Remember to provide all the necessary information in the payment request. For transactions outside the SEPA zone, specific rules often apply. A few typical examples:
Not sure what you're doing? Check the Currency Guide here for information on all currencies.
2. The bank validates the input and sets the payment in motion
The bank performs the necessary compliance checks. The bank has an obligation to carry out a number of checks, for example in order to prevent payments being sent to countries under embargo or to people/entities subject to financial sanctions. The EU, the US, the UN and individual countries have such embargo lists.
3. The bank chooses the appropriate routing for executing the payment
For payments in EUR in the SEPA zone, agreed clearing systems are used. Elsewhere in the world, there is no system that is able to connect with any bank in any currency. That makes things complicated, as your banker must find correspondent bankers to ensure the money is received by the final beneficiary. Banks usually have one or several correspondents in each country for the currencies they allow payments in. Matching them with one another for every payment is no small feat. When that has been done, the money can subsequently pass through each of those banks. Your bank will determine the optimal routing on the basis of a number of criteria. These are the main ones:
For payments between accounts held with the same bank. This is an accounting movement, whereby the money does not leave the bank.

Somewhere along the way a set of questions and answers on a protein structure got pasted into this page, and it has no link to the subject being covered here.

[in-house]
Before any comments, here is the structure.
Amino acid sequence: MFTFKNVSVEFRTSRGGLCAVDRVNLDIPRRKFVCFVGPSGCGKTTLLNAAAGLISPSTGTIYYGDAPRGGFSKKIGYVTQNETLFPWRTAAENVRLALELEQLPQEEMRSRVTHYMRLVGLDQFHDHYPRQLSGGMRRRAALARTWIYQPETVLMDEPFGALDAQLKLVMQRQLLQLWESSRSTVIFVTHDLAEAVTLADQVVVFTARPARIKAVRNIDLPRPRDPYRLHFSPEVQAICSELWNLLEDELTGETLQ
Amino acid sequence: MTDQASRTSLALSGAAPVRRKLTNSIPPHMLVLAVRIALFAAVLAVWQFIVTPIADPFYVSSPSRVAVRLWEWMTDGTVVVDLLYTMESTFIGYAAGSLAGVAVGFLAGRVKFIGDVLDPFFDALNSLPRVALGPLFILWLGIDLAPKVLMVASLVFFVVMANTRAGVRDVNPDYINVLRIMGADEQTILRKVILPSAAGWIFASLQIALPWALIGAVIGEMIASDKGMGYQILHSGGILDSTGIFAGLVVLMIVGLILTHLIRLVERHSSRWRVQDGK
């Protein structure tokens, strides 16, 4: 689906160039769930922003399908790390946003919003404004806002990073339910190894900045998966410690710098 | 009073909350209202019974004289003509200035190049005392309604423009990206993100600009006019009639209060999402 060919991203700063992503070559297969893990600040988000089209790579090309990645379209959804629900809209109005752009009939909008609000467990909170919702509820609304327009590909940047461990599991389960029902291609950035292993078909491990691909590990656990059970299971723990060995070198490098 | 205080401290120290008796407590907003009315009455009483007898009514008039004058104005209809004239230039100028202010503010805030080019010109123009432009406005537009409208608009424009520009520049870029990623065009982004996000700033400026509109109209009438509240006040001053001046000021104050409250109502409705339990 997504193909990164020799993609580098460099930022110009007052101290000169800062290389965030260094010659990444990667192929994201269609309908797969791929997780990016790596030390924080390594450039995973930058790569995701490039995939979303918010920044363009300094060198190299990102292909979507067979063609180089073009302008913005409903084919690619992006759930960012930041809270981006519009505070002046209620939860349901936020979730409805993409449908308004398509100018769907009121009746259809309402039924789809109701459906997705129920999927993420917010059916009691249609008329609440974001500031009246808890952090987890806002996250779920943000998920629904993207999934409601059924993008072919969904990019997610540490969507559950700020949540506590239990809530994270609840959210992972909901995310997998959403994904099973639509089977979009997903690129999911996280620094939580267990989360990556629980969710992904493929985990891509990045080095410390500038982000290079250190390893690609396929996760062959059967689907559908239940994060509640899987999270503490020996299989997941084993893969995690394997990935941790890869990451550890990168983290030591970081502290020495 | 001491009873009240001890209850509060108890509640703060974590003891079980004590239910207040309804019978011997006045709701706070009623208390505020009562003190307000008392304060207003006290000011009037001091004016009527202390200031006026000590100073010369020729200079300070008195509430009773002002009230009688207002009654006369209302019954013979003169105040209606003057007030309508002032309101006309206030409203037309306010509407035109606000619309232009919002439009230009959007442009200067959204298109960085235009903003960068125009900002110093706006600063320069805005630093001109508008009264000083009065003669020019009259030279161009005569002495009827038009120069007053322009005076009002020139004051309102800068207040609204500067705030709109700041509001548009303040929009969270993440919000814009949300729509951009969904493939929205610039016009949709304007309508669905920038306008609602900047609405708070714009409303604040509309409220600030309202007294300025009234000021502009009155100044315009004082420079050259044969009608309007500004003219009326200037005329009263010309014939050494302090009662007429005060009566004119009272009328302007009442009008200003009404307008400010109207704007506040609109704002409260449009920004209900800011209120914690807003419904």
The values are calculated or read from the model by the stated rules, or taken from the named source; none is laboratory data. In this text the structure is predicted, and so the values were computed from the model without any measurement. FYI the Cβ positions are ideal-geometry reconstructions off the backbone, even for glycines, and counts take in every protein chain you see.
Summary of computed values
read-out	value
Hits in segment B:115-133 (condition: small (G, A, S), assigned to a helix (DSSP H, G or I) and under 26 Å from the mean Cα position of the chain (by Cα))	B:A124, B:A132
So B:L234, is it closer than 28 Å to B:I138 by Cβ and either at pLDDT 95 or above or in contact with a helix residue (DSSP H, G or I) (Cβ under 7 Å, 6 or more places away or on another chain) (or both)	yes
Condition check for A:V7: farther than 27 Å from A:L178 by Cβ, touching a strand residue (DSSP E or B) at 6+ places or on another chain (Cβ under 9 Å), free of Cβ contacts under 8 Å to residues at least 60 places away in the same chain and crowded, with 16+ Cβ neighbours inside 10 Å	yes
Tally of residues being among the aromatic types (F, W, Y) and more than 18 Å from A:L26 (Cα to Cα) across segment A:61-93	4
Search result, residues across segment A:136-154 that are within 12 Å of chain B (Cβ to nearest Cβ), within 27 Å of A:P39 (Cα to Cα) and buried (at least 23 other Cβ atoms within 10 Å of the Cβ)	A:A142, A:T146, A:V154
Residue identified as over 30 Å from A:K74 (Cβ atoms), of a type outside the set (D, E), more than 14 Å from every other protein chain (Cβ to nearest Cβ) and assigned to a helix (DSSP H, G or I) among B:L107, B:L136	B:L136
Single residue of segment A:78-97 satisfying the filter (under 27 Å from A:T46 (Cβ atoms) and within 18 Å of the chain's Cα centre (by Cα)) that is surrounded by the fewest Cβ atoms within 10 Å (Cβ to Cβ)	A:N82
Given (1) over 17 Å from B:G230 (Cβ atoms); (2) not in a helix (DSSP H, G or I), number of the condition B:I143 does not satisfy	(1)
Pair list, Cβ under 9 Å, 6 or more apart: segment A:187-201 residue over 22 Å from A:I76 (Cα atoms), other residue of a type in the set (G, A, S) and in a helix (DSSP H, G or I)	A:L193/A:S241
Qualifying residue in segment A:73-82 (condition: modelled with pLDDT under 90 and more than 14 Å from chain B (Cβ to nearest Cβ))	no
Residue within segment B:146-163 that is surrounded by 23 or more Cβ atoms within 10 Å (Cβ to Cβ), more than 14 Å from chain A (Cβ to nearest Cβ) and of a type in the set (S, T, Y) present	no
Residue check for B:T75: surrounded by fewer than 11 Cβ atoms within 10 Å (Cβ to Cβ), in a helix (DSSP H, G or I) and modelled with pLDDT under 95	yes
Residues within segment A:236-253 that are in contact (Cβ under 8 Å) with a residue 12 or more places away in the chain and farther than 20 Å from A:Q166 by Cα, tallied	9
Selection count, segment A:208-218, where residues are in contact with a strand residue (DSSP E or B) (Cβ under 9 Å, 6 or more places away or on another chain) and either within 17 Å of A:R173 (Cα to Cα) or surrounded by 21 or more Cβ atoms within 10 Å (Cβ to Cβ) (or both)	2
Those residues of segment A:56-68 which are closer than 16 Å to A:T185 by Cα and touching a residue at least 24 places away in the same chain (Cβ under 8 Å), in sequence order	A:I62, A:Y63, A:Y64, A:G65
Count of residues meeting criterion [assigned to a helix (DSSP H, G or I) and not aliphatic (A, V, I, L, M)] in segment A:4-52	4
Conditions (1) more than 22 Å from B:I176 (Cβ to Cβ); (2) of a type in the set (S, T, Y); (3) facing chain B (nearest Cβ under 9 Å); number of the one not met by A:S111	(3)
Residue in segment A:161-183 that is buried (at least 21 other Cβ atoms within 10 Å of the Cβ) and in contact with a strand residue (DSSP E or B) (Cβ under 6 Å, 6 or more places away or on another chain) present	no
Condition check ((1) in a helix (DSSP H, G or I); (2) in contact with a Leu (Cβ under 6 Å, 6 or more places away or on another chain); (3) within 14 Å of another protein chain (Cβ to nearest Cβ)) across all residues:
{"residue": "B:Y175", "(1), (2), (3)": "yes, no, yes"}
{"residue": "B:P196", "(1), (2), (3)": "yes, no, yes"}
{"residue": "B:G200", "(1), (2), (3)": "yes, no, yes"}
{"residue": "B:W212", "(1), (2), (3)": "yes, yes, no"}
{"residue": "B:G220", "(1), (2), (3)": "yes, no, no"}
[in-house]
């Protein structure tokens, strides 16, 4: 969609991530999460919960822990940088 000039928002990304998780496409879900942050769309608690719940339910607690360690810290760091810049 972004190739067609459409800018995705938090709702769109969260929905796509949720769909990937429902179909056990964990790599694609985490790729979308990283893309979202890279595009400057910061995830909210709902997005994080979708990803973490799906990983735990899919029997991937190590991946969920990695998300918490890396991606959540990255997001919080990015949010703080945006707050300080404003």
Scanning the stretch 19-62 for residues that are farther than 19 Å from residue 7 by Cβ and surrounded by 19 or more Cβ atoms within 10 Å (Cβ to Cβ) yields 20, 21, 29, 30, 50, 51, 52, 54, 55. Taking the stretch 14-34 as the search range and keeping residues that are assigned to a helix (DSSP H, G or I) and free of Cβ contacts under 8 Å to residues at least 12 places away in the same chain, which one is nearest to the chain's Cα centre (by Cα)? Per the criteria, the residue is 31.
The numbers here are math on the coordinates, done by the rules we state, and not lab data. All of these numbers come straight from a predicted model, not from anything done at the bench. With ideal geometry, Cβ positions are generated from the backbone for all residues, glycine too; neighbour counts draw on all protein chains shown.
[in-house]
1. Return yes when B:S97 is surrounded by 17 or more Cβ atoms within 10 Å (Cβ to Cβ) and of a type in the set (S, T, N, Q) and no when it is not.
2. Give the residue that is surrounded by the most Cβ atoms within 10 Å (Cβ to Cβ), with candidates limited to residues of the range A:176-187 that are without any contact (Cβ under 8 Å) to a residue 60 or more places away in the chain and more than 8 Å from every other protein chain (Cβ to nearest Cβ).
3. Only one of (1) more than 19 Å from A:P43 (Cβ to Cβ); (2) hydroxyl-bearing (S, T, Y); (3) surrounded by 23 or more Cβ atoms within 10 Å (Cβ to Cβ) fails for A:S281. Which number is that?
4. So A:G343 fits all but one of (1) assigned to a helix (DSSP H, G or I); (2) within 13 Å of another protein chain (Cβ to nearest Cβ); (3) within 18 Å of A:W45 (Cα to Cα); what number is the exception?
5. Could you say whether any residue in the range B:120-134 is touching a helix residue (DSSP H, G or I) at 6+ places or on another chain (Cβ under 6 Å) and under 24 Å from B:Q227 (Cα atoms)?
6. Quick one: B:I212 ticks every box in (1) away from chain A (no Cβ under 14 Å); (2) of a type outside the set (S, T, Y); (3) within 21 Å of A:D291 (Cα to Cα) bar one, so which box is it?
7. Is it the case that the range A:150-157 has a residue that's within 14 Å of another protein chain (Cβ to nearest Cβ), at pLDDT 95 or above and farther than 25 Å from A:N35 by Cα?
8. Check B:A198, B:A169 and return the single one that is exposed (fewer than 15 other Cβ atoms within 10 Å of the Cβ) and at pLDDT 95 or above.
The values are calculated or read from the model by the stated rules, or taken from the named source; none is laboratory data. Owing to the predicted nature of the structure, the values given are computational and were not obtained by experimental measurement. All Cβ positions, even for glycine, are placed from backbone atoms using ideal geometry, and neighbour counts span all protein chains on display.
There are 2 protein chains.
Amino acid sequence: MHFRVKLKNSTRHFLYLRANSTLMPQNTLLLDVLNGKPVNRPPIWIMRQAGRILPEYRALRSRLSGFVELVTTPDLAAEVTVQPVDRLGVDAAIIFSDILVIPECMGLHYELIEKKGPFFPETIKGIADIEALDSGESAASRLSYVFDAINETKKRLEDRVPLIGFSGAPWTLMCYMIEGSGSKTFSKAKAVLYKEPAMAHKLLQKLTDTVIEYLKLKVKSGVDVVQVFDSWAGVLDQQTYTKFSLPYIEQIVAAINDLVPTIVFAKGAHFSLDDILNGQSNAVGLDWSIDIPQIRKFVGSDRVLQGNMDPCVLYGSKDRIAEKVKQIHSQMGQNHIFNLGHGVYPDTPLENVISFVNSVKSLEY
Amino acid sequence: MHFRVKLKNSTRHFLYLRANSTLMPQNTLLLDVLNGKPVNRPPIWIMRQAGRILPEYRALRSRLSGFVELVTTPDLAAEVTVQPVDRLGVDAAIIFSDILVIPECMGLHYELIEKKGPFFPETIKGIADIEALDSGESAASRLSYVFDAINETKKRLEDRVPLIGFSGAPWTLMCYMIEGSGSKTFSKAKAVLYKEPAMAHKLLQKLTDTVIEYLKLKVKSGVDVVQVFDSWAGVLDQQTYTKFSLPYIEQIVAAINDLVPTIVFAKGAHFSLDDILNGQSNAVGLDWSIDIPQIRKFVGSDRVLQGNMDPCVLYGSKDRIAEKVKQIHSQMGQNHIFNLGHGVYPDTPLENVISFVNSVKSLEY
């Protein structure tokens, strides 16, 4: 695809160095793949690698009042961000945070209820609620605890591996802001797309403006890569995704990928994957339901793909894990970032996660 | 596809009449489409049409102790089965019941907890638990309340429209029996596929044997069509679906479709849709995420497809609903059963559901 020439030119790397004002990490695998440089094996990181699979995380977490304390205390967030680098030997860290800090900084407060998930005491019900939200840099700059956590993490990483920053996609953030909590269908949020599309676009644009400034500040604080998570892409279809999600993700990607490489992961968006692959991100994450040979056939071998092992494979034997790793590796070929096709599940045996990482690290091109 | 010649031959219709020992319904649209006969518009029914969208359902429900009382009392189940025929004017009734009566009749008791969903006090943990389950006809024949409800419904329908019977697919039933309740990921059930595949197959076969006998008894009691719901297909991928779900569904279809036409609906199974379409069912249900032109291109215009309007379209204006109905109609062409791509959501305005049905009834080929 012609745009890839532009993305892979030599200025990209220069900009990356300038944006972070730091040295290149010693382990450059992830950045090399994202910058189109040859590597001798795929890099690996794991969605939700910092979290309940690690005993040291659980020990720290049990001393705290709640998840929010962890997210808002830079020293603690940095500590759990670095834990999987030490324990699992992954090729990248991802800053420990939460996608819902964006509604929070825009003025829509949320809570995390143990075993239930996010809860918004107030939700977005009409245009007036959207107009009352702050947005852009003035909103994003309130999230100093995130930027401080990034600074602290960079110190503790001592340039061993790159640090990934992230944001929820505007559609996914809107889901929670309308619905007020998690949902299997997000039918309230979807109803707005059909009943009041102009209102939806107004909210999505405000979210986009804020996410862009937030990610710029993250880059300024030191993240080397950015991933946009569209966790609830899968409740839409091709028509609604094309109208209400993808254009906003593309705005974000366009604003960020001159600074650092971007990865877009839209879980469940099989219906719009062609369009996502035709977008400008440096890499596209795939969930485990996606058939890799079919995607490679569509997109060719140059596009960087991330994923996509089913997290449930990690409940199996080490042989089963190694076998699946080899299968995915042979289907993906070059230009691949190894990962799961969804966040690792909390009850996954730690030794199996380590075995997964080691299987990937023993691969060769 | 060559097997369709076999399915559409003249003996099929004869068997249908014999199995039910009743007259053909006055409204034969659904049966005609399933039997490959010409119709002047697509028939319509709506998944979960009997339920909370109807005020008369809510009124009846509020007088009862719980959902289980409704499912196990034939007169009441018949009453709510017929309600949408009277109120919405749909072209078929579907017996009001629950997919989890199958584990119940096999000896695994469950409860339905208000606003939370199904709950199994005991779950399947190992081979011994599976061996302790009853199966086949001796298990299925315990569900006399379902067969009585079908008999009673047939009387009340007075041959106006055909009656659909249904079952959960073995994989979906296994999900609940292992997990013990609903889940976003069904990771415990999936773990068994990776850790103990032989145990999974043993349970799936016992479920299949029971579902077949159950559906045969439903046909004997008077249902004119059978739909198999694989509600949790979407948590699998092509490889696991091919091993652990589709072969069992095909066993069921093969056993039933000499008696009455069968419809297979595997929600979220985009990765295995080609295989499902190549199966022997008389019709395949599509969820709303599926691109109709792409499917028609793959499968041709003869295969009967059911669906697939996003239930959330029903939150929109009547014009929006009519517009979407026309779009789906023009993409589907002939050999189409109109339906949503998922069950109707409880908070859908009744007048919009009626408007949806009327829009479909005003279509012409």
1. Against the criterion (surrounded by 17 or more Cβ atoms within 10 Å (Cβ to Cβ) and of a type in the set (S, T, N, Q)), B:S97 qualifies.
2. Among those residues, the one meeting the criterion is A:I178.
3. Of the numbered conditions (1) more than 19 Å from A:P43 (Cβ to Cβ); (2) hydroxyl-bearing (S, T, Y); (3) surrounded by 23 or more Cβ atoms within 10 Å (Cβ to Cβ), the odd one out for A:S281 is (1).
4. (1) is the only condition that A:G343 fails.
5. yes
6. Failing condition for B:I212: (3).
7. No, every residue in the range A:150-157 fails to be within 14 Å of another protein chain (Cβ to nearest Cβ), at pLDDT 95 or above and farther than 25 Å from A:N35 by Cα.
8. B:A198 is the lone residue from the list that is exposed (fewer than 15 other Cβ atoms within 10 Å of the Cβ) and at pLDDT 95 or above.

The daily transaction volumes between banks are enormous. They are processed in clearing systems. These systems process payments on a 'net basis': all incoming and outgoing payments are listed per bank, and then the net amount to be paid or received ('settled') is calculated for each bank in question. This process takes place multiple times a day. This is called 'net settlement'. Depending on the clearing system, there is usually a focus on either large, relatively urgent amounts or greater numbers of smaller, less urgent transactions.
- ‘Correspondent banking’
The actual settlement can only take place in the country to which the currency belongs, i.e. via a local clearing system. Often, one of the two banks involved is not connected to the clearing system of the third country. In this case, direct routing to this system is not possible.
The solution? A 'correspondent bank' that does have access to the local clearing system. Many banks have a worldwide network of such correspondent banks. They hold accounts with them (called 'nostro' accounts) via which they can route payments. The correspondent bankers then settle the amounts so that the beneficiary bank receives the money and can pay the final beneficiary.
4. The customer receives the details of the payment
The entire process concludes with reporting: the customer sees all credit and debit information on their bank statements.
Watch out for 'restricted' currencies
Only convertible currencies can be used to make international payments. Some currencies are 'restricted': this means that in accordance with local legislation, these currencies are not permitted to leave the country. As such, it is not possible to open an account in Belgium in this currency or to use it to make international payments.